A few other random notes...
-Werner Herzog is a director I have been interested in for some time. I've only seen Grizzly Man, Rescue Dawn, and Incident at Loch Ness (which he didn't direct, but co-wrote), but I want to see more.
-Avatar: if you're going to see it, John, see it in 3-D at the theater. Otherwise there's no rush. I agree with Brandon about the eco-sociopolitical stuff moving me, but it's a Hollywood film, ultimately. It's James Caemron, for crying out loud.
-Whip It: saw it because a friend wanted to see it and I loved it. Barrymore is a product of Hollywood from childhood to the present-- how is she able to make a film so down to earth? It put Kristen Wiig on the map for me. I thought she was fantastic.
-I can see no reason, based on the trailer and a quick look at the cast, to watch The Wolfman. Am I missing something? Shutter Island, on the other hand, I already have set plans to see.

Brandon, you mentioned liking westerns- have you seen Walker? It was one of the first I saw that got me hooked-- along with the previously mentioned Vera Cruz, High Noon, and The Magnificent Seven.


John and Brandon, I have a number of comments to make based upon several things the two of you have said, but before I get to that, I wanted to formally introduce you to my friend Adrienne, a fellow film buff and someone with whom I have seen quite a number of films (you would be proud, John, of how often she goes to the Dryden- she puts me to shame, for sure). Her taste in film is wide-ranging, but she particularly likes animation and horror films (feel free to correct me if I am wrong, Adrienne). Her blog is she doesn't write exclusively about movies, but on a fairly regular basis she will. I wanted to point you to a couple she has written recently: and her most recent post:, about the movie UP. I don't know much about your other tastes, Brandon, but John, you may be interested in the blog in general, which is about librarianship and books and life.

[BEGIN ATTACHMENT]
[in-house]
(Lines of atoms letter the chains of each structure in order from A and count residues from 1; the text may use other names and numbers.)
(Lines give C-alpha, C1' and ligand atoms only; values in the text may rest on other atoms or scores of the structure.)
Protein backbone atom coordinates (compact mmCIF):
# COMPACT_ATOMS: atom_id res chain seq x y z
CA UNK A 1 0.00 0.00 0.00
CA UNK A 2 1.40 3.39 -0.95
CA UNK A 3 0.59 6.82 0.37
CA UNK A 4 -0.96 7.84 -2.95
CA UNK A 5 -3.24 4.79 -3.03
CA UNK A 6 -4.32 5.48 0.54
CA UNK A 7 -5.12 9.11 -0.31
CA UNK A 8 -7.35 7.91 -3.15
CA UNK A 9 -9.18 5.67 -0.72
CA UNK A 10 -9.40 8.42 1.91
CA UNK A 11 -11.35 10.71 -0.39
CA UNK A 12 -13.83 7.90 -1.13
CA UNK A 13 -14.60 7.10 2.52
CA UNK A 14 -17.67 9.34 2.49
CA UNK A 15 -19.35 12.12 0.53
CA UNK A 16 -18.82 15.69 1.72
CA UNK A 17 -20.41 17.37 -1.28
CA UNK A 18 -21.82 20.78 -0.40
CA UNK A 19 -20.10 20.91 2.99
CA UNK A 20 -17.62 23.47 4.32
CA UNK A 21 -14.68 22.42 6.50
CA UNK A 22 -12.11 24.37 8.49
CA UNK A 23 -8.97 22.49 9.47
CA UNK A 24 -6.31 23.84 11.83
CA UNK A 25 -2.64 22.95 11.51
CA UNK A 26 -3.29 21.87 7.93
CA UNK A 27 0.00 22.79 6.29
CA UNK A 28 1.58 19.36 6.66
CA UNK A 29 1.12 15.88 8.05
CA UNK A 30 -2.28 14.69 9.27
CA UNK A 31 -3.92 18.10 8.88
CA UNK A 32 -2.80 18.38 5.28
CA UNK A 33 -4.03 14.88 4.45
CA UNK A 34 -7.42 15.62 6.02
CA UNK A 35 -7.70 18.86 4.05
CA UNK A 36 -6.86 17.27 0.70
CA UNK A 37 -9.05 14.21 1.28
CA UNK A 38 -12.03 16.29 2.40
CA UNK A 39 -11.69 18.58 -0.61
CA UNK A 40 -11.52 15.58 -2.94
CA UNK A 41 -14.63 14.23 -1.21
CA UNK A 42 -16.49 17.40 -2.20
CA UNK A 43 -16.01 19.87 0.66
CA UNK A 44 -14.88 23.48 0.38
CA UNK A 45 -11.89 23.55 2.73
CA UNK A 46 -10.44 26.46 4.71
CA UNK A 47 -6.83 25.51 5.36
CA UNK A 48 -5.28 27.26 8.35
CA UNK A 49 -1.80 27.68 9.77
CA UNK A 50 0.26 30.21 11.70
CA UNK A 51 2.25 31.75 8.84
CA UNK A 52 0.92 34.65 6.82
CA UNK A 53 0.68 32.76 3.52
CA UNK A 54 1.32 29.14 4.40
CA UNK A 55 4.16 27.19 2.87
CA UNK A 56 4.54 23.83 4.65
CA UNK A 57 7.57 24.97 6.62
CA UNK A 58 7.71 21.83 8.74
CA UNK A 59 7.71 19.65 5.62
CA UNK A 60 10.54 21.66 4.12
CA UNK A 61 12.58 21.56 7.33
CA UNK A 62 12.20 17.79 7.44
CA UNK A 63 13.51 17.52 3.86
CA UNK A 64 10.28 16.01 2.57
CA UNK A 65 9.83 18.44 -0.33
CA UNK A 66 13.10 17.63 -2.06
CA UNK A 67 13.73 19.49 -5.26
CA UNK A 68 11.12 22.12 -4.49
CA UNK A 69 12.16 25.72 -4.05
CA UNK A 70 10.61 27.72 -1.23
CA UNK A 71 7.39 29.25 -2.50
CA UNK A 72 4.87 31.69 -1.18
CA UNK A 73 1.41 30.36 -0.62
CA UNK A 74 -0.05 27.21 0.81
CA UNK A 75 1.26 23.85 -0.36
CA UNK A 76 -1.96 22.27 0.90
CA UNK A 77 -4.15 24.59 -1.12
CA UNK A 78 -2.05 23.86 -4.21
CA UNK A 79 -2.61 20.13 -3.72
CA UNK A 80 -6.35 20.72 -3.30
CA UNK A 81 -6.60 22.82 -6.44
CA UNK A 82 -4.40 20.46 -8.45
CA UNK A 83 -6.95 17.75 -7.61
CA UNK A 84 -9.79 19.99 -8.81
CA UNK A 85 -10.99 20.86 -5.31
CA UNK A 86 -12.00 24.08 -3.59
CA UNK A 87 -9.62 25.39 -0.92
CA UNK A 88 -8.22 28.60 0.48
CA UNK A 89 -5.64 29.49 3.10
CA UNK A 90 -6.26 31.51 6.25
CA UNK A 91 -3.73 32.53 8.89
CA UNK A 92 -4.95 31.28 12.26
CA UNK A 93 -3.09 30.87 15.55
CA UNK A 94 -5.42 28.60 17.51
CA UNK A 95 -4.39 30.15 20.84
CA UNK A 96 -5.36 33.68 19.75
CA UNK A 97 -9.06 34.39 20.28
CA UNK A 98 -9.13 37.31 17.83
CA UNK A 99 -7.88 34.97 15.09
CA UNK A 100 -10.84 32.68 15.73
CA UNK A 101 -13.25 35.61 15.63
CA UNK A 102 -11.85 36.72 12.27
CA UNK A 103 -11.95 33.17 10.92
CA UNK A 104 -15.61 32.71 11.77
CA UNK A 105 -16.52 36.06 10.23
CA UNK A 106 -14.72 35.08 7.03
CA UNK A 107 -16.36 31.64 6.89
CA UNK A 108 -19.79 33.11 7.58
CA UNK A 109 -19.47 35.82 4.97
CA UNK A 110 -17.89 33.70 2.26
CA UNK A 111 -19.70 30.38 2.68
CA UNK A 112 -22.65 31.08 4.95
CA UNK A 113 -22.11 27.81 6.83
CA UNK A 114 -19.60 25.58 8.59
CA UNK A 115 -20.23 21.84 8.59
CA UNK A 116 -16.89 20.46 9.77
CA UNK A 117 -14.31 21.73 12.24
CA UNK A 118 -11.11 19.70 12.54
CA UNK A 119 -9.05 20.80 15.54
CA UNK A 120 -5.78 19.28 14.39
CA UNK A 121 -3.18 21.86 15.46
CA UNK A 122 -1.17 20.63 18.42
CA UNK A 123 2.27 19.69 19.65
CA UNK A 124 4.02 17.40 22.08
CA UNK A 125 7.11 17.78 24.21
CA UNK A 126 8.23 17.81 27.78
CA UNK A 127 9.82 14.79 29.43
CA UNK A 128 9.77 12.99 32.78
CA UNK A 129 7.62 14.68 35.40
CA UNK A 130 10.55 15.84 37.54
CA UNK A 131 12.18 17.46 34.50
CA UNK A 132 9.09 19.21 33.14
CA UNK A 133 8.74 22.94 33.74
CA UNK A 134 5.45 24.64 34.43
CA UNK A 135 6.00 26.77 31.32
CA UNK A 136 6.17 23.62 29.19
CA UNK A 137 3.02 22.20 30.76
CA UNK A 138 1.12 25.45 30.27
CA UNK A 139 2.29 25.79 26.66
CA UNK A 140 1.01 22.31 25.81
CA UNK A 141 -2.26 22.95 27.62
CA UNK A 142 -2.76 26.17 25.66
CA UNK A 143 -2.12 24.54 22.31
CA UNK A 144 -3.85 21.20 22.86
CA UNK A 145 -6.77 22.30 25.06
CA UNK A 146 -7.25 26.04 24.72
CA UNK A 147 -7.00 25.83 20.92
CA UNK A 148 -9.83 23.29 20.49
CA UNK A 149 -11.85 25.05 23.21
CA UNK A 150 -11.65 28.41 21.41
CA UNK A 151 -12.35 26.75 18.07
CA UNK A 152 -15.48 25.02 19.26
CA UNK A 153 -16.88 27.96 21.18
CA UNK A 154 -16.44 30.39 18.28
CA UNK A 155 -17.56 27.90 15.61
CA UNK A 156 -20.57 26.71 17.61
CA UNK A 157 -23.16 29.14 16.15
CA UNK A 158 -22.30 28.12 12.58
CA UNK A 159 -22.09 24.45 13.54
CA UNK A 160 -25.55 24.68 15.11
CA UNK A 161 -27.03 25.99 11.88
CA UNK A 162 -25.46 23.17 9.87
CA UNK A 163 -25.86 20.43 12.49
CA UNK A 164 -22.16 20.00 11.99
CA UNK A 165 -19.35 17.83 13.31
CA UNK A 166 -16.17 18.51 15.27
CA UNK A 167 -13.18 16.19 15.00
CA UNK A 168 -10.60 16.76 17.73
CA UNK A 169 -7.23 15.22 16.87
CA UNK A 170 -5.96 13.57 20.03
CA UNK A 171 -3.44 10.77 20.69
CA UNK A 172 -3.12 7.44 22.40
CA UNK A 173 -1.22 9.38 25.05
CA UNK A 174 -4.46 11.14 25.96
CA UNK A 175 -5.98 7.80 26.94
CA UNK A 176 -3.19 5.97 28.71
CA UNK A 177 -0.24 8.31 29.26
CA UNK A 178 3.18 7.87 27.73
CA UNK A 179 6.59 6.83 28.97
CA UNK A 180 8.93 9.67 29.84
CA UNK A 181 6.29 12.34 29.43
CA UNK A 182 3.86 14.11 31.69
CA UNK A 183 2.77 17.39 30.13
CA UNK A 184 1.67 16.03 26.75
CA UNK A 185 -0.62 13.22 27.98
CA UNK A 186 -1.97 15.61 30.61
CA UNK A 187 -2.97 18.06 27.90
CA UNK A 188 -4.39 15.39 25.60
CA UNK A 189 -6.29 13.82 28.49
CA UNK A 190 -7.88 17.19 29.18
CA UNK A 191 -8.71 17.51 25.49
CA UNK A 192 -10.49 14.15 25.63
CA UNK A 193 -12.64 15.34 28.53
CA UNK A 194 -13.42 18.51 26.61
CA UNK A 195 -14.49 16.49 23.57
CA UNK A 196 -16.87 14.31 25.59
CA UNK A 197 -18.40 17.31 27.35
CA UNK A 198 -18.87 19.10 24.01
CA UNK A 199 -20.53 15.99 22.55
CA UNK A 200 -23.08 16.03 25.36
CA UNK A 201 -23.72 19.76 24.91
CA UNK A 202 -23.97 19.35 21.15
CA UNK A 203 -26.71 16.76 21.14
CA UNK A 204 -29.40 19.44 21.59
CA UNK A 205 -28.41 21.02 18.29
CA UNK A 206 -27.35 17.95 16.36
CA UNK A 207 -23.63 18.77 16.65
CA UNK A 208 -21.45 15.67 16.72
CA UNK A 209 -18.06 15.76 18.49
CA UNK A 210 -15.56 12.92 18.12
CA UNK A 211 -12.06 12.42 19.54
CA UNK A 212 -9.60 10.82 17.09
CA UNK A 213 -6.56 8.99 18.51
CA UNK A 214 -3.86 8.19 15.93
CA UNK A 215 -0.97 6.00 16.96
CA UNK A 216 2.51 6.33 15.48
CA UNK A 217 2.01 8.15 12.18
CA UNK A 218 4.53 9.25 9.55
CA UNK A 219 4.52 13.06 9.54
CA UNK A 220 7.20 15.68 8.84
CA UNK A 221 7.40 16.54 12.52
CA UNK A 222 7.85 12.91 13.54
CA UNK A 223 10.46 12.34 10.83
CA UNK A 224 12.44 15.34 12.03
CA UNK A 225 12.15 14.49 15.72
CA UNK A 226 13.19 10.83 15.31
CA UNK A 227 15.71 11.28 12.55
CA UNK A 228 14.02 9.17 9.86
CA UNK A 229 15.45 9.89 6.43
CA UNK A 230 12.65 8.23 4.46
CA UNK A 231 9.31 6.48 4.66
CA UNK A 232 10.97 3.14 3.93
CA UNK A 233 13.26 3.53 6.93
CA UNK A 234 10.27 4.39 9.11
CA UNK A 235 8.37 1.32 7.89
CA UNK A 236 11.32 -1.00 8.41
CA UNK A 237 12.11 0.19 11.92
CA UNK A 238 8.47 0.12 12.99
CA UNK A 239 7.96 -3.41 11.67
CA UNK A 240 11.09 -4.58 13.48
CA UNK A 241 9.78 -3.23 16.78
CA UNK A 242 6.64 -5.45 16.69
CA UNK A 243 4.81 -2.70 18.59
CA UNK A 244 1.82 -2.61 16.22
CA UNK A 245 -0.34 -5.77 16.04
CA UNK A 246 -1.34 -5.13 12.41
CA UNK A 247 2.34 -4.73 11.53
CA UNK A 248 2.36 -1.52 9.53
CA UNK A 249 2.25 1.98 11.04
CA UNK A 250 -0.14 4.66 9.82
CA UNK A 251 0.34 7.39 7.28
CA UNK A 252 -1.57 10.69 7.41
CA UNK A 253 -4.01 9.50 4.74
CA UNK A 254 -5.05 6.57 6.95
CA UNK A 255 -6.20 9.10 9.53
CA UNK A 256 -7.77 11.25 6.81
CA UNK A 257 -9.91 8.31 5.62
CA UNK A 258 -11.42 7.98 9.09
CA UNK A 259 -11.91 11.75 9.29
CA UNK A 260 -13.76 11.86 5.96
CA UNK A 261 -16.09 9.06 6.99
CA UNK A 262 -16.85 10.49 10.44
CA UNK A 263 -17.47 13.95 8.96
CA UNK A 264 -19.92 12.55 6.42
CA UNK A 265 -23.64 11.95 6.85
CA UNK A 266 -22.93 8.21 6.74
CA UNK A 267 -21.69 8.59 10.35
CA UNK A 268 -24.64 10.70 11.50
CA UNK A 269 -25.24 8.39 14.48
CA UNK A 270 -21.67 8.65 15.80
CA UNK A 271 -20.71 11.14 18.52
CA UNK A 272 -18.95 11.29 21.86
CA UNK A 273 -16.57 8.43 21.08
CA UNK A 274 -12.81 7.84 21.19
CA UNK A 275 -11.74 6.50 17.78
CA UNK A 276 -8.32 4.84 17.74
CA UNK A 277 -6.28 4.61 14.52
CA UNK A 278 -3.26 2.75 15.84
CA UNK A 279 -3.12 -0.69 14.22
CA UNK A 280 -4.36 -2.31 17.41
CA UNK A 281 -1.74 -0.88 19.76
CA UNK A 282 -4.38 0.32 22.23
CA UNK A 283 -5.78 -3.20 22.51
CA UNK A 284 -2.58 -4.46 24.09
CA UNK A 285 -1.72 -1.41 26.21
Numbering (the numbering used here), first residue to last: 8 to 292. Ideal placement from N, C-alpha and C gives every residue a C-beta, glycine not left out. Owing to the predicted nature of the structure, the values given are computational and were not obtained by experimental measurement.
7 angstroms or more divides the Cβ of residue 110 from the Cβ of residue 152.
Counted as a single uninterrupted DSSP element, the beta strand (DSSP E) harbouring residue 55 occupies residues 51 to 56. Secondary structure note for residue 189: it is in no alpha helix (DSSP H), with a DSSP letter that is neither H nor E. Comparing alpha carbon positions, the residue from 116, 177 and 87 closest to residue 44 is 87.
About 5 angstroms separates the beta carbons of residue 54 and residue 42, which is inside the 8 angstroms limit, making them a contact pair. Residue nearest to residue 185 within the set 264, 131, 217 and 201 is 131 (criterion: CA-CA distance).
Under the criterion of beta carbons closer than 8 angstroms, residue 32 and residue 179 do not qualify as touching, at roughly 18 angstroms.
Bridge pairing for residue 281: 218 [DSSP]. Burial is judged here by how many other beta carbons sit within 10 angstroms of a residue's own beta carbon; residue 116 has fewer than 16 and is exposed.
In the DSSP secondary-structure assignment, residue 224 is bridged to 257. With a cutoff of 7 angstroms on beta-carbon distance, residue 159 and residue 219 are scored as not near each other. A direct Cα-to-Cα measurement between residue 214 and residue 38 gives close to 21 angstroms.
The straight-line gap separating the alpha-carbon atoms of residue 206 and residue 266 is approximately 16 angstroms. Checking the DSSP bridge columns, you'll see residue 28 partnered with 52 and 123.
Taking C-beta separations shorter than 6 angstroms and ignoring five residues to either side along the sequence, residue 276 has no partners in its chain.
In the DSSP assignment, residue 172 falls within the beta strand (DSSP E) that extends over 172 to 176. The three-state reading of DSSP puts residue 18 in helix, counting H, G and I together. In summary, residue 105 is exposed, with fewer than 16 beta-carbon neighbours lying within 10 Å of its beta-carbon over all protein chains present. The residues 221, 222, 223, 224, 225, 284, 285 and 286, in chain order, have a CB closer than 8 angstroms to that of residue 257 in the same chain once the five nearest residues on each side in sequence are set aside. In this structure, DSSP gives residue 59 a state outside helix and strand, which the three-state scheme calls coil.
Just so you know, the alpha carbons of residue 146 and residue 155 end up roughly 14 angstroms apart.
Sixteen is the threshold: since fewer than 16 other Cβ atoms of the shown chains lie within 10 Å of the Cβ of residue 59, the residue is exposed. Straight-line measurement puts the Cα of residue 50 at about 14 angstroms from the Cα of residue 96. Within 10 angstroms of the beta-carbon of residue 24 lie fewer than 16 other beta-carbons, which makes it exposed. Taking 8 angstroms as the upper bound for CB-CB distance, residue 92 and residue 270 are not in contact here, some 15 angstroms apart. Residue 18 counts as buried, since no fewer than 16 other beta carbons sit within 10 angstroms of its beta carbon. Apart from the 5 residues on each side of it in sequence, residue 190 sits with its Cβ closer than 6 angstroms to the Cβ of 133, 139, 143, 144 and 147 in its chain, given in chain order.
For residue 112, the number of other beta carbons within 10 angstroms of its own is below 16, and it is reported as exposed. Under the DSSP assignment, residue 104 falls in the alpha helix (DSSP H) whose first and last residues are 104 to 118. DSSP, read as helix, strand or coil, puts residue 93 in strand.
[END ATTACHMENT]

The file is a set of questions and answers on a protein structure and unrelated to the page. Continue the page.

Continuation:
Adrienne, I have links to John's blog (Chasing Pictures) and Brandon's (storm and stress) on my profile page in Blogger. I thought I could bring you into the conversation at large, as I think you'd be interested in a number of the things we're discussing.

Monday, February 1, 2010

January's Films

Here's the list of films I watched in January. Though I'm choosing to only write about a handful of the ones I've seen, I'm happy to talk about any of them with anyone who's interested. In no particular order, with asterisks by the ones I particularly liked:

The Mark of Zorro* (Fairbanks, 1920)
G.I. Joe: Rise of Cobra (meh)
Apache (Lancaster)
Candleshoe* (Jodie Foster, Taxi Driver era, tons of fun from Disney's glory days)
I Love You, Man* (I did, I liked it- I watched all the special effects. 4 stars for Rudd's performance)
Sherlock Holmes and the Scarlet Claw* (great atmosphere)
Sherlock Holmes and the Spider Woman*
The Imaginarium of Doctor Parnassus
Bruno (sorry again, Adrienne :(...)
Next Avengers: Heroes of Tomorrow (for the kid... ok, for me, too)
Sherlock Holmes : Terror By Night*
Sherlock Holmes: Dressed to Kill*
AstroBoy (blech- they ruined a classic with haphazard storytelling)
The Valley of Gwangi*
Battle for Terra
A Certain Kind of Death** (this blew me away- you should all see it, but not right after eating)
The Band's Visit* (great characters)
The Limits of Control* (something a little different from Jarmusch, but still very Jarmusch)
Avatar* (mind-boggling special effects)